Not many parents are aware that they can get national insurance credits which count towards the state pension through child benefit, new research has shown.
In a report out today (June 6) HM Revenue & Customs stated people had a good understanding of most aspects of child benefit but parents had less knowledge of the high-income charge and very little knowledge of the additional benefits of claiming the benefit, such as NI credits.
HMRC had interviewed 45 families.
It stated after making people aware of the link between claiming child benefit and national insurance credits, one person who had not claimed changed their mind and said they would query their position with the taxman.
The person told HMRC: "I have no pension and might have to rely on the state pension… I’m gutted I didn’t know this."
On the other hand, a handful of respondents voiced doubt about whether they would claim the state pension, so they didn’t feel that the potential for obtaining national insurance credits would influence their decision on whether to claim, the report added.
In 2013 the government introduced a high-income child benefit tax charge for couples where one partner earns £60,000 per year or more, which effectively wipes out the value of the child benefit and may deter some couples from signing up.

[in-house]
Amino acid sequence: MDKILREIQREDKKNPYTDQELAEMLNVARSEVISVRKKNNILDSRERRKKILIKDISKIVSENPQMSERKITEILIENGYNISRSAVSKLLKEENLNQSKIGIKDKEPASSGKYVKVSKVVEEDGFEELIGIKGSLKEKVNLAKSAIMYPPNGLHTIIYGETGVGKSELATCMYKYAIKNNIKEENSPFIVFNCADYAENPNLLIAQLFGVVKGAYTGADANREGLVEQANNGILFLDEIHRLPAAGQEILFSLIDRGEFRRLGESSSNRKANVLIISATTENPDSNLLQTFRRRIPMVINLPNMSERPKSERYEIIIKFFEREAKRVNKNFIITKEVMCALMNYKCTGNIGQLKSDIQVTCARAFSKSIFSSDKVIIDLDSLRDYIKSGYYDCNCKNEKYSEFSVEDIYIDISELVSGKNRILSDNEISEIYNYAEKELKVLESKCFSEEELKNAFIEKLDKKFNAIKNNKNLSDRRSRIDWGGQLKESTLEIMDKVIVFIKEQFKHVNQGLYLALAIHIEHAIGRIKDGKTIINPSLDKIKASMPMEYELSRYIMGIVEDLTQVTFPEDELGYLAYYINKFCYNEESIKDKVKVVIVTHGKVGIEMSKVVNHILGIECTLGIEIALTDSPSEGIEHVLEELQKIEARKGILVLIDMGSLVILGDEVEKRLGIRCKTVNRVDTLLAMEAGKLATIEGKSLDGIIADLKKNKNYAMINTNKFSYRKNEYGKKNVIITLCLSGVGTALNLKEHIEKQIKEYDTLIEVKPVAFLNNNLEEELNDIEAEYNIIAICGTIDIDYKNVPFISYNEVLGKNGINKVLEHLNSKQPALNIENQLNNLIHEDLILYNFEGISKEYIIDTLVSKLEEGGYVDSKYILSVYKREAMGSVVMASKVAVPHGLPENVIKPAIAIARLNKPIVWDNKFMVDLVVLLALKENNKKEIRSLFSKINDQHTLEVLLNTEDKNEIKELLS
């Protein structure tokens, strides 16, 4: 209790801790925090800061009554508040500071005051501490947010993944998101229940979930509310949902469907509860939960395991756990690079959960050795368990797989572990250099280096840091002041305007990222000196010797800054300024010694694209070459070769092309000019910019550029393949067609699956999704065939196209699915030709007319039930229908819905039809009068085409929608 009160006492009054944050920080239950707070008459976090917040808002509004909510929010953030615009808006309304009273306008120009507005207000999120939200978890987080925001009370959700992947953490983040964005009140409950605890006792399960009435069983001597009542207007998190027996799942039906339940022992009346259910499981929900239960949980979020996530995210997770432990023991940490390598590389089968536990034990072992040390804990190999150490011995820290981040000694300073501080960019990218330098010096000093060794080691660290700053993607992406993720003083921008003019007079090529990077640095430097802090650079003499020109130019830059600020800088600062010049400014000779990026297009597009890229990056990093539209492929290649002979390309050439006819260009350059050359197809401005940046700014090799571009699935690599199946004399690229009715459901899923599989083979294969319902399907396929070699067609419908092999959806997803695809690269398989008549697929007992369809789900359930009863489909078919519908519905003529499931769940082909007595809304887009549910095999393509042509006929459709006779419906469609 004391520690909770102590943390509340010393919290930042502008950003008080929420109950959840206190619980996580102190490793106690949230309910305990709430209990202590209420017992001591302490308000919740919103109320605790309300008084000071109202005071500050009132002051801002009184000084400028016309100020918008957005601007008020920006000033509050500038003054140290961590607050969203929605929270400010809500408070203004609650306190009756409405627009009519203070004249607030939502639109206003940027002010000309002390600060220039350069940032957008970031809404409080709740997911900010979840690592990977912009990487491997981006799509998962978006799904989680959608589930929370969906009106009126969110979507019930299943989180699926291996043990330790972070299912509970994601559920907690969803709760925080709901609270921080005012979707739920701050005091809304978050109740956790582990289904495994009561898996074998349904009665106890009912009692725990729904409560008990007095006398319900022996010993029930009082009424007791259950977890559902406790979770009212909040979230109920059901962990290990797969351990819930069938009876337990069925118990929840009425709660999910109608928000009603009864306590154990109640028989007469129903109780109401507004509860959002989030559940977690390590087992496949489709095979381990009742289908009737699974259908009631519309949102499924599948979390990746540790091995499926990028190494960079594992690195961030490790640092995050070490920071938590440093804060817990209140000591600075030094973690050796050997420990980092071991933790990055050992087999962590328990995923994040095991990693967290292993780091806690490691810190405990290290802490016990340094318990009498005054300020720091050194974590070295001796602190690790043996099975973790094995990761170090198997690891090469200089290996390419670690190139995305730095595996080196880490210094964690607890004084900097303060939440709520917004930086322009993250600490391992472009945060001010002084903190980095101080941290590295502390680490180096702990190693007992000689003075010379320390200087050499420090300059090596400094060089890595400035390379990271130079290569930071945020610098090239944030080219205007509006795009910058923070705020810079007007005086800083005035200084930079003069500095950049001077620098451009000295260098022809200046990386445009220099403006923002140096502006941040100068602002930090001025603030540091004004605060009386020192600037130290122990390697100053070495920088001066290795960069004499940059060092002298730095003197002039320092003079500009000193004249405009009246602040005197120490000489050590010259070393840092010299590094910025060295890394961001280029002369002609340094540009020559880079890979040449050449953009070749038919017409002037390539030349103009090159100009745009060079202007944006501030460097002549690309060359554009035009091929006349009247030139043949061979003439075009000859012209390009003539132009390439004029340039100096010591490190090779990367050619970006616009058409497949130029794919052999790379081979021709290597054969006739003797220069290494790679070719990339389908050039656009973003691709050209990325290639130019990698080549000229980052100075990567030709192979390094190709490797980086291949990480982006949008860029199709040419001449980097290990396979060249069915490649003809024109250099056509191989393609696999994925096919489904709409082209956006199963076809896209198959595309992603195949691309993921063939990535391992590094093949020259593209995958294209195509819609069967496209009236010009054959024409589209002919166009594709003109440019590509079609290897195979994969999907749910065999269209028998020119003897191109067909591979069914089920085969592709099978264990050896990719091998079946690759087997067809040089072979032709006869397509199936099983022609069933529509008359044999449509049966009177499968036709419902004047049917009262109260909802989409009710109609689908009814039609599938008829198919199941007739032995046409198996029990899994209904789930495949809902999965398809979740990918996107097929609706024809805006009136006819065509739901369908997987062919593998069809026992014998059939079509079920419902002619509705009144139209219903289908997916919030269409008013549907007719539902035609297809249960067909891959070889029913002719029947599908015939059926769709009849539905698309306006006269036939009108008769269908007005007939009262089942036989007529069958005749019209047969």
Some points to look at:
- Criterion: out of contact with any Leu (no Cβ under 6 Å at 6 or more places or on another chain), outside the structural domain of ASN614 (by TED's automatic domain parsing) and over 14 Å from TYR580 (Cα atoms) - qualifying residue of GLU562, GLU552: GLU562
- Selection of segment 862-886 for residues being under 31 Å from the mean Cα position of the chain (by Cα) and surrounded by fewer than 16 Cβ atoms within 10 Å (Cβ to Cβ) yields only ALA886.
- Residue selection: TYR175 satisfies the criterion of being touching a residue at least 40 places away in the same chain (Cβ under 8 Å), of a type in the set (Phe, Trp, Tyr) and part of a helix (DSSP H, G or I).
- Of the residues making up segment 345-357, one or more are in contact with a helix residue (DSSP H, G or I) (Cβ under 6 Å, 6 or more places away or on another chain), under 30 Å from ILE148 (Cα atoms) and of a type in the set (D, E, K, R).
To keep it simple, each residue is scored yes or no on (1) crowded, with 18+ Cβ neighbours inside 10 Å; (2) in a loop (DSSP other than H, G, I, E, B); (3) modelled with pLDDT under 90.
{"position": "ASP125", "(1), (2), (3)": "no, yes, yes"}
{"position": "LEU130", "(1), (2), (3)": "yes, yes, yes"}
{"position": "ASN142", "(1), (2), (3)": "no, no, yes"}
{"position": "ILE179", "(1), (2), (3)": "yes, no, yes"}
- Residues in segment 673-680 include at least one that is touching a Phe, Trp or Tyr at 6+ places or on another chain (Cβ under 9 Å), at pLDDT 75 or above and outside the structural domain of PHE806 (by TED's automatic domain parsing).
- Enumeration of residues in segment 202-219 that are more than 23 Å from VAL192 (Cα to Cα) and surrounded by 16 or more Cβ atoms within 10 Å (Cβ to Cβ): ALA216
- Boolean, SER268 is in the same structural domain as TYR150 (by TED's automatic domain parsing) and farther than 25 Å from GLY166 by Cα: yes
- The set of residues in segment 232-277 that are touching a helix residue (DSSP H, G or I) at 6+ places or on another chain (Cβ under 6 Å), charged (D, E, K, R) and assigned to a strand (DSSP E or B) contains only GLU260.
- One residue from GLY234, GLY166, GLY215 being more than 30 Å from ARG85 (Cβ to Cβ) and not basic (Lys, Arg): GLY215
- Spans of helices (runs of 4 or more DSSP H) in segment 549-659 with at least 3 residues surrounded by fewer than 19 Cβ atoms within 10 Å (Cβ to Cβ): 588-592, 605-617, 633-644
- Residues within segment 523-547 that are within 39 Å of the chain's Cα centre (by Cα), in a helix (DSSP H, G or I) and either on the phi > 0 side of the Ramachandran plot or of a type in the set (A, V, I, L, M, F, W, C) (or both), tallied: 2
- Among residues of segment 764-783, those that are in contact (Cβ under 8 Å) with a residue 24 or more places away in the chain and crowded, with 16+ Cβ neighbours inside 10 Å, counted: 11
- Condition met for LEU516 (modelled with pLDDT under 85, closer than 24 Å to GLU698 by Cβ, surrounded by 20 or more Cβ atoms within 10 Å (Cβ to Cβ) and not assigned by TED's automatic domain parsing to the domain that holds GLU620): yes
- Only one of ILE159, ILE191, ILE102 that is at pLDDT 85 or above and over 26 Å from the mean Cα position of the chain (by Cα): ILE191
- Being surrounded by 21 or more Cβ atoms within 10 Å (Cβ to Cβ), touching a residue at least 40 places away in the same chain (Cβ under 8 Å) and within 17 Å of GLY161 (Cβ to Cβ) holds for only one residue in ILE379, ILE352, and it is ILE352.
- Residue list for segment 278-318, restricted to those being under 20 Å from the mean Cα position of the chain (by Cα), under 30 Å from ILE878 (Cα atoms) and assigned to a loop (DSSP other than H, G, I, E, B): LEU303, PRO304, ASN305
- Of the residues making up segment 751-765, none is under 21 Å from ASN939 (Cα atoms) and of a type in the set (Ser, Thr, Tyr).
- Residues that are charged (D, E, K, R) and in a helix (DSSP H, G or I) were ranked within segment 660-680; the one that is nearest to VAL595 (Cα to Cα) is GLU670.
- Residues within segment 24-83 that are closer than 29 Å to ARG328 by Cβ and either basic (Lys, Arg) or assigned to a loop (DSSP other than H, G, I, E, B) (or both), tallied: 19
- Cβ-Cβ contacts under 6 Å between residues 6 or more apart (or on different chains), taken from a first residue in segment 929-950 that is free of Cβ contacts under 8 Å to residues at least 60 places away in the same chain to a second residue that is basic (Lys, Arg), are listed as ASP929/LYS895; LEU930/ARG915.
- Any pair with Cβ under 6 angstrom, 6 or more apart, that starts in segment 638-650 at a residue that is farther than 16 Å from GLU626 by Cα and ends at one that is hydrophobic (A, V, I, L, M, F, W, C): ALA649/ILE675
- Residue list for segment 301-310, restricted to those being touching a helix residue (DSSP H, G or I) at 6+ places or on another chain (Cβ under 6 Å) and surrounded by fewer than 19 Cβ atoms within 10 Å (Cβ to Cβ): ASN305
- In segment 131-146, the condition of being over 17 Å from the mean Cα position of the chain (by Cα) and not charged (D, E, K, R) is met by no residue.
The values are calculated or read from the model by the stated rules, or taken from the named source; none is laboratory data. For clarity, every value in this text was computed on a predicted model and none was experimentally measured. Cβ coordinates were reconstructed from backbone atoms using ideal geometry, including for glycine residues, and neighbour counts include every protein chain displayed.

HMRC announced today that it has issued refunds worth £1.8m after it reviewed cases where taxpayers failed to register for the high income child benefit charge.
HMRC reviewed 35,000 cases where a ‘failure to notify’ penalty had been charged and cancelled the penalties of more than 6,000 customers who had a reasonable excuse for not notifying their liability for the tax years 2013-14, 2014-15 and 2015-16.
Customers will have their penalty refunded or cancelled in two situations: if their income increased to over £50,000 since charge was introduced in 2013, and they have not made a new claim to child benefit since, or if they had income over £50,000, were not in self-assessment, and started a new relationship with a child benefit recipient between 2013 and 2016.
Child benefit recipients with a child under the age of 12 get national insurance credit towards their state pension.
This means even if they are not in paid work, they are still treated as having contributed when it comes to claiming their retirement benefits.
However, stay-at-home parents can only receive these credits if they apply for child benefit but then waive the payment of it.
According to calculations from Royal London, one year of missed contributions can reduce state pension rights by 1/35 of the full rate.
This is about £244 per year of lost pension or £4,880 over the course of a typical 20-year retirement for each year of contributions missed.
A mother who started a family in 2012 and has not claimed child benefit in each year from 2012/13 to 2017/18 could have lost up to six years' of credits, reducing her annual state pension by £1,464, a total of almost £30,000 in lost pension through her retirement.